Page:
So much for my memory. So tell me about Mexico ’82 team?
Mexico was in 1986. And Yugoslavia didn’t qualify. (laughs) The Yugoslav team in 1982 however was comprised of the likes of Zlatko Vujović, Ivica Šurjak, Dragan Pantelić, Safet Sušić. You recall this generation, right? Spain. The fat-face boy with a football under his arm. This was the first World Cup I remember following for real, being aware of it.
Do you also contemplate – as many people do – on what would have become of Yugoslav sports if the dissolution of Yugoslavia hadn’t happened?
Well, in the ’92 Summer Olympics, instead of Croatia, Yugoslav basketball team would have played against the Dream Team. A majority of the former Yugoslav team players played for Croatia that summer, and in 27th minute, i. e. in the third minute of the second half, Franjo Arapović scored and put Croatia in a one-point lead. Against the Americans! Who had Magic Johnson, Larry Bird, Michael Jordan, Patrick Ewing and Karl Malone on court. And at that point Croatia, a barely internationally recognized country, was in the lead against the Dream Team, which we all looked at like this (leans his head backwards and stares into the ceiling). Imagine what would have happened if that had been a Yugoslav team.
When in the lead, the Croatian coach Mirko Novosel took a timeout and Dražen Petrović came storming in and – this is legendary – started shouting into the microphone: “We’re gonna win!” Next spring, he died in a car accident. Only a day after Croatia lost against Slovenia in a qualifying match in Poland. So, the last game Dražen Petrović ever played was against Slovenia. A year after, another Petrović, who had been a role model of our generation, died. Alpine skier, Rok. These were two really huge losses. They were both extraordinary individuals. Rok Petrović was a hundred years ahead of his time and his death at the bottom of the sea – he was found in a diving suit – is still shrouded in mystery.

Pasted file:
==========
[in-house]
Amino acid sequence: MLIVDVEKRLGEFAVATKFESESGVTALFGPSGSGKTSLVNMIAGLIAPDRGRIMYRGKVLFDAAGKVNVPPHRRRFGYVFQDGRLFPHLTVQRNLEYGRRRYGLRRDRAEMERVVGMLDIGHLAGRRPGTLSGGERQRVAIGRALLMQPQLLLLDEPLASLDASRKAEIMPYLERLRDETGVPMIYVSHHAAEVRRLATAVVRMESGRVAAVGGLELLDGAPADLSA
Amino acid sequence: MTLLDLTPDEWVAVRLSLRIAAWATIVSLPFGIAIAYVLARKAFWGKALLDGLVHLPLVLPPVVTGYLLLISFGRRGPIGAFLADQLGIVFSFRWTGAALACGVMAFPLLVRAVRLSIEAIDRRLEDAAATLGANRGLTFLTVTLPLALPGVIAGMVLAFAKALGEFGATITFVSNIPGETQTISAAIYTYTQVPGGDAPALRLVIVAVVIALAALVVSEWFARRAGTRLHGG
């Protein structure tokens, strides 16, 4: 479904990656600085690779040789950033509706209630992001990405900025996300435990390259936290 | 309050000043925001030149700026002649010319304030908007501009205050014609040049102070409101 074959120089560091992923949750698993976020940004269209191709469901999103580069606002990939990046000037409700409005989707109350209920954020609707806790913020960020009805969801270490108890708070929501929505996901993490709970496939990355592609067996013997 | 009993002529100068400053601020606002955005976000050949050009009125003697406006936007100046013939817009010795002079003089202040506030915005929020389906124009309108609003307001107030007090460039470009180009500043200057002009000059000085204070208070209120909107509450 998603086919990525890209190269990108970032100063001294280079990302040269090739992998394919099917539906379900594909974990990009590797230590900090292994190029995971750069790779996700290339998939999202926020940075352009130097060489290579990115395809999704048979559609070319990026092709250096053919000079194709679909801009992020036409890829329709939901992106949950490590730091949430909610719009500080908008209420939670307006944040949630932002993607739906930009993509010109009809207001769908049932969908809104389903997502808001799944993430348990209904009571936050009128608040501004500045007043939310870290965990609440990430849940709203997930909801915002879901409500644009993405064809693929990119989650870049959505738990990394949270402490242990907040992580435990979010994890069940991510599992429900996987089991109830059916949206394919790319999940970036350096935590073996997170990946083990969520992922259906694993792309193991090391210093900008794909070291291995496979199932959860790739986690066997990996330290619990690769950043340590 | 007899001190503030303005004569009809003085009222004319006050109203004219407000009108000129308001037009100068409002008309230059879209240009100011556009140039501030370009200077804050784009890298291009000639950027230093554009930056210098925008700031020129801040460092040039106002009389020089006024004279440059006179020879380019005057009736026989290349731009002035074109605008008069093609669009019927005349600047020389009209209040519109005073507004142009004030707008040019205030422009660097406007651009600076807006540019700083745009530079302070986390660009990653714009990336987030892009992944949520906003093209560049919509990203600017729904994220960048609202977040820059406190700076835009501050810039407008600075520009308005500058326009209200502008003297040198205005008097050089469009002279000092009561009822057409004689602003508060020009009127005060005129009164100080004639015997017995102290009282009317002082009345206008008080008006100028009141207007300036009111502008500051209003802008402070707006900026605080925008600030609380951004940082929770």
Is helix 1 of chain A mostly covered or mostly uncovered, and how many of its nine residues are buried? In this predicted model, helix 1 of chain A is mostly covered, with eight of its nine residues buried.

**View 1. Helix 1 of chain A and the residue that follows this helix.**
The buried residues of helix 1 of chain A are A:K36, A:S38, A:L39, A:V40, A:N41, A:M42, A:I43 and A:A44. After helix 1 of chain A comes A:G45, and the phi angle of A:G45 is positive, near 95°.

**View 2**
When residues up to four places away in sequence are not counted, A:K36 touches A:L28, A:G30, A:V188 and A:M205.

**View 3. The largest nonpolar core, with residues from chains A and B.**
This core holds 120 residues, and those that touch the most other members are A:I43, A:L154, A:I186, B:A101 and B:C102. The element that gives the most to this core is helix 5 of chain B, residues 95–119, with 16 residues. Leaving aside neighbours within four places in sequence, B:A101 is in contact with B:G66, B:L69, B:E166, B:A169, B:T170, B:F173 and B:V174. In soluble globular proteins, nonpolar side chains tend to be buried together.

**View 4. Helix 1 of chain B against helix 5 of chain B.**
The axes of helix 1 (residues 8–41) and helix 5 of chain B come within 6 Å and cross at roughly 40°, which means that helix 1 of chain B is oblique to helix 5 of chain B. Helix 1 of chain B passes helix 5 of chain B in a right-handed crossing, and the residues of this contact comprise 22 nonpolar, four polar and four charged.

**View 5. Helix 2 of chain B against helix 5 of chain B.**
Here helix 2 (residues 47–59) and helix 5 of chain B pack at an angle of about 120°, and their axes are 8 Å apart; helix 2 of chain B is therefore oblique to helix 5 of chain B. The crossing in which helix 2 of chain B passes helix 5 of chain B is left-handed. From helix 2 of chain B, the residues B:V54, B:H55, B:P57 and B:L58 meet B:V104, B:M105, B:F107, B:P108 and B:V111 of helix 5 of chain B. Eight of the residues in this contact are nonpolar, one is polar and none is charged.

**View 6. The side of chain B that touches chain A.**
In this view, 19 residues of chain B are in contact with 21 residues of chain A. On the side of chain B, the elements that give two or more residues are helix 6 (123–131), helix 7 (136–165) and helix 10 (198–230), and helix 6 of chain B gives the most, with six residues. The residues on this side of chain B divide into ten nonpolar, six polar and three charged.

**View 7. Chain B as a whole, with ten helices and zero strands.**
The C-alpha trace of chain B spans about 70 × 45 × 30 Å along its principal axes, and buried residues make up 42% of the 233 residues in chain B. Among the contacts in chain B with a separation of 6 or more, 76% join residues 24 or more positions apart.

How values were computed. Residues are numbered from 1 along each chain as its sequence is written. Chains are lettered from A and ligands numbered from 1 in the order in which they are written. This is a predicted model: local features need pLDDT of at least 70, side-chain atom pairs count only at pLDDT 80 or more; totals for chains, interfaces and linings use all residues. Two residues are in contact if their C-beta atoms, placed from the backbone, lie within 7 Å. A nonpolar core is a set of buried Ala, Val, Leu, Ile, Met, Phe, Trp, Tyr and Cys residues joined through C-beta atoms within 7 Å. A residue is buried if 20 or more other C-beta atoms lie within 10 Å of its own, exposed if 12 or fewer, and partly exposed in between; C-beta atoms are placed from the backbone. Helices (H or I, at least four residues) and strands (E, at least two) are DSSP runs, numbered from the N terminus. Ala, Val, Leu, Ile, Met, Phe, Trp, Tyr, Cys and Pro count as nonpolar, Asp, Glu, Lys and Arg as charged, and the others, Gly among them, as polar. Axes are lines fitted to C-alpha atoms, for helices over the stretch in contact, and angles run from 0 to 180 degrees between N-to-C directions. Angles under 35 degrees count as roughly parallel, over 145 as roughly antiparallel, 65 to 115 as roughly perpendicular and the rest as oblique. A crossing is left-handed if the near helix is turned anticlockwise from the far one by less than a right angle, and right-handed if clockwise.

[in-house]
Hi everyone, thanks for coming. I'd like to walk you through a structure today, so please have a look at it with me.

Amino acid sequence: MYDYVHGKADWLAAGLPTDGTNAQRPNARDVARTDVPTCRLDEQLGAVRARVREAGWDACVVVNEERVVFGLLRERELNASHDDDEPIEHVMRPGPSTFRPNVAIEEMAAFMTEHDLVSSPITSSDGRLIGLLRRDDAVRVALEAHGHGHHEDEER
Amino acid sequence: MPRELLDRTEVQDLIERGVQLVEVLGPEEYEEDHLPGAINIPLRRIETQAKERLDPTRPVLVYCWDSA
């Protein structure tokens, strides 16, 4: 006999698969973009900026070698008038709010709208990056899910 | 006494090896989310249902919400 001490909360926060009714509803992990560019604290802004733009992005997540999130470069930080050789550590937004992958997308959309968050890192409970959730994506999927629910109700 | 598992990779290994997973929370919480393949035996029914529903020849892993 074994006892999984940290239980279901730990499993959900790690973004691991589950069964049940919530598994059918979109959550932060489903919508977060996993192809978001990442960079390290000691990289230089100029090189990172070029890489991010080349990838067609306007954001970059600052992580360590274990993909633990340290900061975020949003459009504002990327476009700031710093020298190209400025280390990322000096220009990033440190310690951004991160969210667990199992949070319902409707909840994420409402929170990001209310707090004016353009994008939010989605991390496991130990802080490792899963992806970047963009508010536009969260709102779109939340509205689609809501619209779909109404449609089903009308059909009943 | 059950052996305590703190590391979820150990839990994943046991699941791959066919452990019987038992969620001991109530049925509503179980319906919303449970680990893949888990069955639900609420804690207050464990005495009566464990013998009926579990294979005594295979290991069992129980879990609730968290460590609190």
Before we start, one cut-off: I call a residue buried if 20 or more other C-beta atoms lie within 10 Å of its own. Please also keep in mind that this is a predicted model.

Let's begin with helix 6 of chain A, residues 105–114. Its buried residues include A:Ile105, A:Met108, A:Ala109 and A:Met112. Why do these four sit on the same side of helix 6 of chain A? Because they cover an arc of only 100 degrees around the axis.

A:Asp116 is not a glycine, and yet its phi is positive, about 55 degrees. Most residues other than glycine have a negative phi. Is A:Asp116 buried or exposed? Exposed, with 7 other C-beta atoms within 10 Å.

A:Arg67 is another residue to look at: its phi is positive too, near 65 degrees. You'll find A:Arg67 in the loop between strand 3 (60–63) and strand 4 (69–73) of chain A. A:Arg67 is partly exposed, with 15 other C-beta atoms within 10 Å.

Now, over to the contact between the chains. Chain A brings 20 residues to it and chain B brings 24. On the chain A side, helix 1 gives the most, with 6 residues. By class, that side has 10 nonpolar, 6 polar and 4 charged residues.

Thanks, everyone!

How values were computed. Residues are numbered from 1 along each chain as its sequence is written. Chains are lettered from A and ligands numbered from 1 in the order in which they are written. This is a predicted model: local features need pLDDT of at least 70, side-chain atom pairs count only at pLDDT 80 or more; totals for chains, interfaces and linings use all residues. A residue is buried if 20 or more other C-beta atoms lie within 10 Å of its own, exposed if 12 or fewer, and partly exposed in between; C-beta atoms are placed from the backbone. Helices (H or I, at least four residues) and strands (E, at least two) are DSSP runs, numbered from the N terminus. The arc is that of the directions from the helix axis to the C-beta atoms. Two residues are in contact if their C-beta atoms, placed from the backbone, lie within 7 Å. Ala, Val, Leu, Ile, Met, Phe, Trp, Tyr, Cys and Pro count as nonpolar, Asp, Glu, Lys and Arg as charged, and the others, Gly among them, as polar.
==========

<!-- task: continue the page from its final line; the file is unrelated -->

When travelling the world, do you say you come from Slovenia or former Yugoslavia? I suppose to most people Yugoslavia is still a more recognisable reference than Slovenia?
A Slovenian passport is an extraordinary thing because nobody asks you anything. They don’t know where to place you. First of all, using this passport, I can go any place. Second, a person, who represents power on the boarder, is faced with a dilemma whether or not he or she will end up looking like a jerk for not knowing where I’m coming from. This has often been the case, for instance, with patriarchal Arabs.